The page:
So I read "Game of Shadows," and it hurt. It's a good book, a very well-told story, about way more than Bonds. It's mostly the tale of BALCO founder Victor Conte, from Tower of Power to prison; with a well-developed subplot about Bonds' "trainer" and likely steroid-purveyor Greg Anderson, from his boyhood with Bonds on the Bay Area Peninsula to Anderson's father's murder, to Anderson's own sad life as a gym rat and sports groupie. There's a fascinating Olympics track and field plot in which we learn about the ambition, tangled love lives and alleged doping histories of Marion Jones, Tim Montgomery, C.J. Hunter, Michelle Collins, Kelli White and others. It's a much better book than I expected, and a better book than I wanted it to be. It comes fairly close to nailing Bonds for steroid use, as data from both Conte's and Anderson's files show dates, times and places Bonds allegedly used various steroids and performance-enhancing drugs.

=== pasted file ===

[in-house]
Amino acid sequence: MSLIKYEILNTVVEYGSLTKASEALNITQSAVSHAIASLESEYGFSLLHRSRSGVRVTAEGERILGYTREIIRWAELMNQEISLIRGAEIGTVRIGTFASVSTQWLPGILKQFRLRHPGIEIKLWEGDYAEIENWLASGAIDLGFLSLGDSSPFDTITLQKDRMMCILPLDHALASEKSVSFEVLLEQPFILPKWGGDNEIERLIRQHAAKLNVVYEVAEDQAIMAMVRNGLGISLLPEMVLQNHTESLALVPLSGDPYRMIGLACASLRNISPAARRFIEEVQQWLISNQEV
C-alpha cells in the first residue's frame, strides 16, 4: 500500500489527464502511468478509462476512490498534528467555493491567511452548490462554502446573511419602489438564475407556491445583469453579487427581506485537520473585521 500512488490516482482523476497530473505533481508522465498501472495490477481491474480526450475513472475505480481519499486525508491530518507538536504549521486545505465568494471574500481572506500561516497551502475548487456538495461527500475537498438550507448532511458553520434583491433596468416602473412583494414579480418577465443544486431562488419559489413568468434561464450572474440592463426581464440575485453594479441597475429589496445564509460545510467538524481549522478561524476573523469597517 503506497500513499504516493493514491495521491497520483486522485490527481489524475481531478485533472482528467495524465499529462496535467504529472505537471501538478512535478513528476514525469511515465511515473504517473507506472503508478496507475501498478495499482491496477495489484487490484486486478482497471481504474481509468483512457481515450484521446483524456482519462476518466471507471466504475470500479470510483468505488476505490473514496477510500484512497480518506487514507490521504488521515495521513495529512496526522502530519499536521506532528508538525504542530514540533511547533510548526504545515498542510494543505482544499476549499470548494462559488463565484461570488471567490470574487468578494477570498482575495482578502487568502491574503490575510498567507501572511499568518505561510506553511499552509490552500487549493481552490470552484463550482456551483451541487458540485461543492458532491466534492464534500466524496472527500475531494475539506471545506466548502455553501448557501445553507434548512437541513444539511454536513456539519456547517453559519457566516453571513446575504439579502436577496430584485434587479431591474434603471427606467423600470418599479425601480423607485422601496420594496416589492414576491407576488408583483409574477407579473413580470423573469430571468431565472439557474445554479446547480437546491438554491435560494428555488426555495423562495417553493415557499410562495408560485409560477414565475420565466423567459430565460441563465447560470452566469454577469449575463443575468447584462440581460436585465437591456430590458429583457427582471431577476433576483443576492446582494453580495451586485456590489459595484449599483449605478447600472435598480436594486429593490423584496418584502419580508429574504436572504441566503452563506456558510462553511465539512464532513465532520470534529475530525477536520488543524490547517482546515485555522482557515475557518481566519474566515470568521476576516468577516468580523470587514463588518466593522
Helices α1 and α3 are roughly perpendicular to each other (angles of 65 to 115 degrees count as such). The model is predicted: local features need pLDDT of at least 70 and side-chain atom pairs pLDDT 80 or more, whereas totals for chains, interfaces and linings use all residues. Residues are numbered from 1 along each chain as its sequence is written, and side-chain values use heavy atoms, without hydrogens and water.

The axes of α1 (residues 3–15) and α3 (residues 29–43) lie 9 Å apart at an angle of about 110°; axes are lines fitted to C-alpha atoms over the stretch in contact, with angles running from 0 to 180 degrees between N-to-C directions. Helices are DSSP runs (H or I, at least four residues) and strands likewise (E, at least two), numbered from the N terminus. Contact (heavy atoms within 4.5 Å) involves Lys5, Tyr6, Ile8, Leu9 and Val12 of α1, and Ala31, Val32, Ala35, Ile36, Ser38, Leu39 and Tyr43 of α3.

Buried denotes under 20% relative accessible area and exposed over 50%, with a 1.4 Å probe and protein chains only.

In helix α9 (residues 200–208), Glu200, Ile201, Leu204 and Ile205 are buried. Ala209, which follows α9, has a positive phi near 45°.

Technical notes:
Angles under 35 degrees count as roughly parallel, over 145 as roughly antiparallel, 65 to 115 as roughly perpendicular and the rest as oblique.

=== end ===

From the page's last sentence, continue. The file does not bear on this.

And yet, with only the Conte and Anderson data, you might be able to convince yourself, as Bonds tried to convince the grand jury, that the superstar really didn't know what he was putting in and on his body. He famously told the jurors that he was using Conte's compounds "the cream" and "the clear" for his arthritis, he didn't know what they contained -- and they didn't even work. Given that Conte and Anderson don't come off as entirely straight-up fellows, there's no real integrity penalty for believing Bonds. What makes suspension of disbelief harder is the testimony of Bonds' supposed girlfriend Kimberly Bell. Williams and Fainaru-Wada didn't have Bell as a source when I wrote about their story on Bonds' leaked grand jury testimony, and said they hadn't landed a knockout punch.